“I wasn’t ready to give up.”
Heading into 2012, everything in Hastings’ world was centered around making the Olympic marathon team in Houston. Despite not having the marathon experience or the credentials of Davila (who was coming off a second-place finish at Boston the year before), Shalane Flanagan (the bronze medalist in the 10,000m in the 2008 Olympics and second place in her debut marathon at New York), Kara Goucher (three combined podium finishes in New York and Boston) or Kastor, Hastings headed to Houston confident that she had the tools to construct a performance worthy of earning a top-three finish and a ticket to London.
An aggressive competitor who’s never been afraid to take risks in races, Hastings did what she had to do to put herself in position to make the Olympic team. After a painfully slow start to the trials marathon—the first mile went by in a pedestrian 6:11—Hastings planted herself at the front of the lead pack, ready to respond to whatever moves might be made.
But with Flanagan, Goucher, Kastor and Janet Bawcom unwilling to push the pace early on, Hastings, along with Davila, surged and strung out the field. It was a bold move that showed Hastings’ feisty competitiveness, and a move that would set the tone for the rest of the race.
Hastings settled into a groove and ran with the lead pack through the halfway point before she, Bawcom and Kastor fell slightly off pace near mile 15. But Hastings wasn’t willing to let her Olympic dream walk away from her, so, with a bit of encouragement from Kastor, she surged again and was suddenly back in the lead at mile 16.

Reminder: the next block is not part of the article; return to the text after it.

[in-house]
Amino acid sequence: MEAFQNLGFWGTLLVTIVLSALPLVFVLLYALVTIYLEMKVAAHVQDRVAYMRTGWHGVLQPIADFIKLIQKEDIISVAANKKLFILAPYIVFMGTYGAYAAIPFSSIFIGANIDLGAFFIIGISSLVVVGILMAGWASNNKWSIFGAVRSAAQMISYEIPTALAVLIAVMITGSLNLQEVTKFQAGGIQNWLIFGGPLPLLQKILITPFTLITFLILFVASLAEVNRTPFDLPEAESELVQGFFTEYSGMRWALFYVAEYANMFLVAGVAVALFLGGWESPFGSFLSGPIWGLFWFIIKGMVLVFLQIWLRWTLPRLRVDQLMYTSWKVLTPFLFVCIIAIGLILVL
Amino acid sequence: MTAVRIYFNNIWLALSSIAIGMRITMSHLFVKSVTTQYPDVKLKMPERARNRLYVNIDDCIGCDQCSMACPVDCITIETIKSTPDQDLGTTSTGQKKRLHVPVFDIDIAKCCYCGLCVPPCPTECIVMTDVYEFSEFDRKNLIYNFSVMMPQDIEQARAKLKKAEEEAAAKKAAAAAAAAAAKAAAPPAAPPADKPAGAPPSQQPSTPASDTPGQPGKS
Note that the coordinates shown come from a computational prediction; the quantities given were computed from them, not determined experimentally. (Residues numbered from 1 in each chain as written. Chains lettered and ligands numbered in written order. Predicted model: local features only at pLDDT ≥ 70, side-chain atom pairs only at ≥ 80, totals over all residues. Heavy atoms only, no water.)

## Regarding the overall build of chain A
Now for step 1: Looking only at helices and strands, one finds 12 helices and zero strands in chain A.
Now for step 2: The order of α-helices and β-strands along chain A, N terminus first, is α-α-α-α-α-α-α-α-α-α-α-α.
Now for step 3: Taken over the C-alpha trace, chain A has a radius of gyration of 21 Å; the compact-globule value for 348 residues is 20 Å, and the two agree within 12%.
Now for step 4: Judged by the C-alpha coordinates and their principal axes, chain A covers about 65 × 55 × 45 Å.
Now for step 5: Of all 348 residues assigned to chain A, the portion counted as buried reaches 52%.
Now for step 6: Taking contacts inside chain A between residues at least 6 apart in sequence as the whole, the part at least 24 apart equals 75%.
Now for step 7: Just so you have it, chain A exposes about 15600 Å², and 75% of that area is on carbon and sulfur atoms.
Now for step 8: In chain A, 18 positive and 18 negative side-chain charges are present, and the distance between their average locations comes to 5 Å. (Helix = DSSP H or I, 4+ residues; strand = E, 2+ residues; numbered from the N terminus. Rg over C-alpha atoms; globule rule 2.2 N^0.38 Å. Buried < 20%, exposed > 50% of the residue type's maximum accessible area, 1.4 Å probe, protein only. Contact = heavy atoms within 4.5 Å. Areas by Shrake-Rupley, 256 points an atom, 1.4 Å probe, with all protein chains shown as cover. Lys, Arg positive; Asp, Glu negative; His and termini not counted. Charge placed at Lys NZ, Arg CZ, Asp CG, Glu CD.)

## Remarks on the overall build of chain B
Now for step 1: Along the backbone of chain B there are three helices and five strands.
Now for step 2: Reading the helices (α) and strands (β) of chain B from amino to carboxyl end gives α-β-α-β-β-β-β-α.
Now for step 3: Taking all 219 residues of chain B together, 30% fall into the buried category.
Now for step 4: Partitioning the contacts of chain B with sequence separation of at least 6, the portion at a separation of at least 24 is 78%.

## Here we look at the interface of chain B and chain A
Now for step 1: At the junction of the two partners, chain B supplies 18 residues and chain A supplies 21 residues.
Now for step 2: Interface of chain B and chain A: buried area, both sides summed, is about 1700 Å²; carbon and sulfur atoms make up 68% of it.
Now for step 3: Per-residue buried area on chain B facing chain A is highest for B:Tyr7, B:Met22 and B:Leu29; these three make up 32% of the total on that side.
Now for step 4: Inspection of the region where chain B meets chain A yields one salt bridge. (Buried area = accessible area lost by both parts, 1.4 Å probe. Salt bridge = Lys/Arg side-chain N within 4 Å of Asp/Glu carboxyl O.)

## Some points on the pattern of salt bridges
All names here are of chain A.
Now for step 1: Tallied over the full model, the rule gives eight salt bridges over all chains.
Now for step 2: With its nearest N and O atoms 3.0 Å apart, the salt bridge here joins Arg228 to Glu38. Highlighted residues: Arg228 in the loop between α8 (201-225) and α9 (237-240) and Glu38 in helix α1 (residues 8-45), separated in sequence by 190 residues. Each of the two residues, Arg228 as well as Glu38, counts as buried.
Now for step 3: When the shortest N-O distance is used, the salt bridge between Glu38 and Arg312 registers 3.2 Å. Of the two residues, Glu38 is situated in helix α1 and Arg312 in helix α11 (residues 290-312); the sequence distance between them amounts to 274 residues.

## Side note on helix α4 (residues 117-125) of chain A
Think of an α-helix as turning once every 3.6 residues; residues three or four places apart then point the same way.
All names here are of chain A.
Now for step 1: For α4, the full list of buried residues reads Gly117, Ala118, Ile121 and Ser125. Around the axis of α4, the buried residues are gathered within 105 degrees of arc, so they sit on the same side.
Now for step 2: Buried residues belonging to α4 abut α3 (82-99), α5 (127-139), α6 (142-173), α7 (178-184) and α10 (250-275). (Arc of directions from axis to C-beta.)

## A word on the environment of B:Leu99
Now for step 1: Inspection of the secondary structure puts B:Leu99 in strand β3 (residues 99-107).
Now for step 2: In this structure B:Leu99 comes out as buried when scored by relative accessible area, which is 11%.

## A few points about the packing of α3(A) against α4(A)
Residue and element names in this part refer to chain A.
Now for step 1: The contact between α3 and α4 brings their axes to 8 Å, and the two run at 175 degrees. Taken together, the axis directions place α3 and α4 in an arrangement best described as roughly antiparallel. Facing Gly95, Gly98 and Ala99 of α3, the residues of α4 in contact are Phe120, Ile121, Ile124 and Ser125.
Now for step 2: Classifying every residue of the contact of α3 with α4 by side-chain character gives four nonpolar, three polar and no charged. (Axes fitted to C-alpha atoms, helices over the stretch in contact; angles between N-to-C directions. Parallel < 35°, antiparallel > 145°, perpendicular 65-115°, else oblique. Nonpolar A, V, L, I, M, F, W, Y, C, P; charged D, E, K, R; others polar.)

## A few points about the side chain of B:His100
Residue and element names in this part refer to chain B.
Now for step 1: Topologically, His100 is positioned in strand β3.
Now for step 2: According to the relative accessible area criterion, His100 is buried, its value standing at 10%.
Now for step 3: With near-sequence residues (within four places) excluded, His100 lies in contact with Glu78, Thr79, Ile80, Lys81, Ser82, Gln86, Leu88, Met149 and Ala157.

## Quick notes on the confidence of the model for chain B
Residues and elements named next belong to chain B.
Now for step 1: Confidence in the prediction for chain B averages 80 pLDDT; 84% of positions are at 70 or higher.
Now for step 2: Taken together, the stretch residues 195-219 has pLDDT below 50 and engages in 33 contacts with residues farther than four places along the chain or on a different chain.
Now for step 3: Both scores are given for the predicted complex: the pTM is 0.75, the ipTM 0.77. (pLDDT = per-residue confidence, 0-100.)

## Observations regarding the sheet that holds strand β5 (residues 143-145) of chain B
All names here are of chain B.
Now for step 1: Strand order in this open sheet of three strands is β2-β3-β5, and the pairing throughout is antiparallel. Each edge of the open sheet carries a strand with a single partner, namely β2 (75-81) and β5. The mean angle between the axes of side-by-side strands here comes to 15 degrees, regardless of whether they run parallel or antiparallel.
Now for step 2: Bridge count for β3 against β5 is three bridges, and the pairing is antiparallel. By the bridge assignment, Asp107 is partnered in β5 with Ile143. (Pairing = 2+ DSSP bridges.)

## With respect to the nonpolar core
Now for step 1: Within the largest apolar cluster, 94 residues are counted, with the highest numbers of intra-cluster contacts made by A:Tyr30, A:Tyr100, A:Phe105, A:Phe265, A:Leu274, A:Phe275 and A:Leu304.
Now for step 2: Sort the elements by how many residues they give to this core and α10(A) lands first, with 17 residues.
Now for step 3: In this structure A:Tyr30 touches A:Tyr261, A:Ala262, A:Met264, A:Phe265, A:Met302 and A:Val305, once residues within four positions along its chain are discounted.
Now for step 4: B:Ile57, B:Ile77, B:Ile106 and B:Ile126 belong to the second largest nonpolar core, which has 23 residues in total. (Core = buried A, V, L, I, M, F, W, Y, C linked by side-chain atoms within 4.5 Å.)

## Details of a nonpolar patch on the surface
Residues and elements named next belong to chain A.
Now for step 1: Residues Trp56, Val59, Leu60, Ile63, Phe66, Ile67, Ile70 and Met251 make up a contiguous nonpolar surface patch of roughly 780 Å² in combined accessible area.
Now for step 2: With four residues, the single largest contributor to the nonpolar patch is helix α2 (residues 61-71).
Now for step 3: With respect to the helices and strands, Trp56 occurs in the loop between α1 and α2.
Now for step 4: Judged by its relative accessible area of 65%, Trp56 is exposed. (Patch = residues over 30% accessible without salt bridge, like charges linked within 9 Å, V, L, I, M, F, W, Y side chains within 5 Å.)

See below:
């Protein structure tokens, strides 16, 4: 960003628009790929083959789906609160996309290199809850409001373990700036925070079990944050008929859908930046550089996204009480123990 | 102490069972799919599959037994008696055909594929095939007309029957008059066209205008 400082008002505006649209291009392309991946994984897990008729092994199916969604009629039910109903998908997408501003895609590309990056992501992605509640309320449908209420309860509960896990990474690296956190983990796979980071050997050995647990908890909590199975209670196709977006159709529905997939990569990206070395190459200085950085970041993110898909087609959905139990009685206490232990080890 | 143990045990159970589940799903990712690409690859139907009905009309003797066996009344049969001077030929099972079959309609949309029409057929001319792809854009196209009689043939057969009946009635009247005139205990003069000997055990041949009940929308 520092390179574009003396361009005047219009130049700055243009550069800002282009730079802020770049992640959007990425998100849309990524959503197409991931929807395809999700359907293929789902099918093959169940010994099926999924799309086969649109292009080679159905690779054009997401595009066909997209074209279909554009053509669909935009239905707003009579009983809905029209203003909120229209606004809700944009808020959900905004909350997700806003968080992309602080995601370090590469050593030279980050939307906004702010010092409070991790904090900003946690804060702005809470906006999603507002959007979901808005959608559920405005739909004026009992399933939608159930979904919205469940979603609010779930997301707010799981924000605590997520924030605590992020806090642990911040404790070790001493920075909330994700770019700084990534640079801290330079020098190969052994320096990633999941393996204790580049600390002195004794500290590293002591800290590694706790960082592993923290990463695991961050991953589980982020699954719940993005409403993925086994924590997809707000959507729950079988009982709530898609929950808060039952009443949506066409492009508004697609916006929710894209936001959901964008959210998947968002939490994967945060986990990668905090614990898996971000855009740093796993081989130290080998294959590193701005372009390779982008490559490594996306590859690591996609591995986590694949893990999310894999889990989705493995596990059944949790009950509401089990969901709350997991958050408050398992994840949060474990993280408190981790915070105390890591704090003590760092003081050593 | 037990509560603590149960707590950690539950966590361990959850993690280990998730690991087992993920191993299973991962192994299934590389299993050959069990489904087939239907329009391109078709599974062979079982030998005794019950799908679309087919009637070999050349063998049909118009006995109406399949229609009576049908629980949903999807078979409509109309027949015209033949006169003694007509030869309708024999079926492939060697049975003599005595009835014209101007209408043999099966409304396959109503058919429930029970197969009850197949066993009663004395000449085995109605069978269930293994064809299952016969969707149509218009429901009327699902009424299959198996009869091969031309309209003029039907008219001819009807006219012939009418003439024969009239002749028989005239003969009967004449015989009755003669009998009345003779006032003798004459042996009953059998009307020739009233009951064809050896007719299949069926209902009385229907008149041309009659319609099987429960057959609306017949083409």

It was a bulldog effort, but her blazing 5:18 mile split would be costly, and she had fallen off the lead group again by mile 20. As Flanagan and Davila dueled for the lead for late in the race, Hastings tried desperately to stay in contact with a resurgent Goucher, hoping to somehow stay close enough to outkick her for the final Olympic team berth.
Goucher held on for third and later confessed that she ran “outside herself” to drop Hastings in the final miles.
“I knew I was digging a hole for myself in the later stages of the race,” Goucher said. “Because Amy was just not going away.”
Hastings would finish fourth in 2:27:17, just 14 seconds off her marathon PR. But, for the moment, she was physically, mentally and emotionally devastated, knowing she’d left everything out on the streets of Houston and came up 71 seconds short of her Olympic dream.
She bit her lip to hold off the tears as she crossed the finish line, where Goucher, Flanagan and Davila were celebrating with American flags. She didn’t make the Olympic team that day, but she certainly played a big role in making the race while also seasoning herself through the trials of those miles.
“It was tough, when they broke away and I just kind of faded,” Hastings recalls. “I fell about a minute off and then stayed pretty even. With about two miles to go it was really hard, I had to fight the tears at that point. It was an emotional last couple of miles but it was a great experience, too. I’m really proud of the way I competed and how I went for it.”
After a brief break from training, Hastings returned to Mammoth, and true to her never-give-in nature, fought through the disappointment of not making the Olympic marathon team and set her sights on qualifying for a place on the team on the track.
“I came to practice every single day and I was sad in between practices,” Hastings admits. “But when I was at practice I was doing everything I needed to be doing, when I was at home and I was upset I was still eating the right foods, trying to get enough sleep. I wasn’t ready to give up.”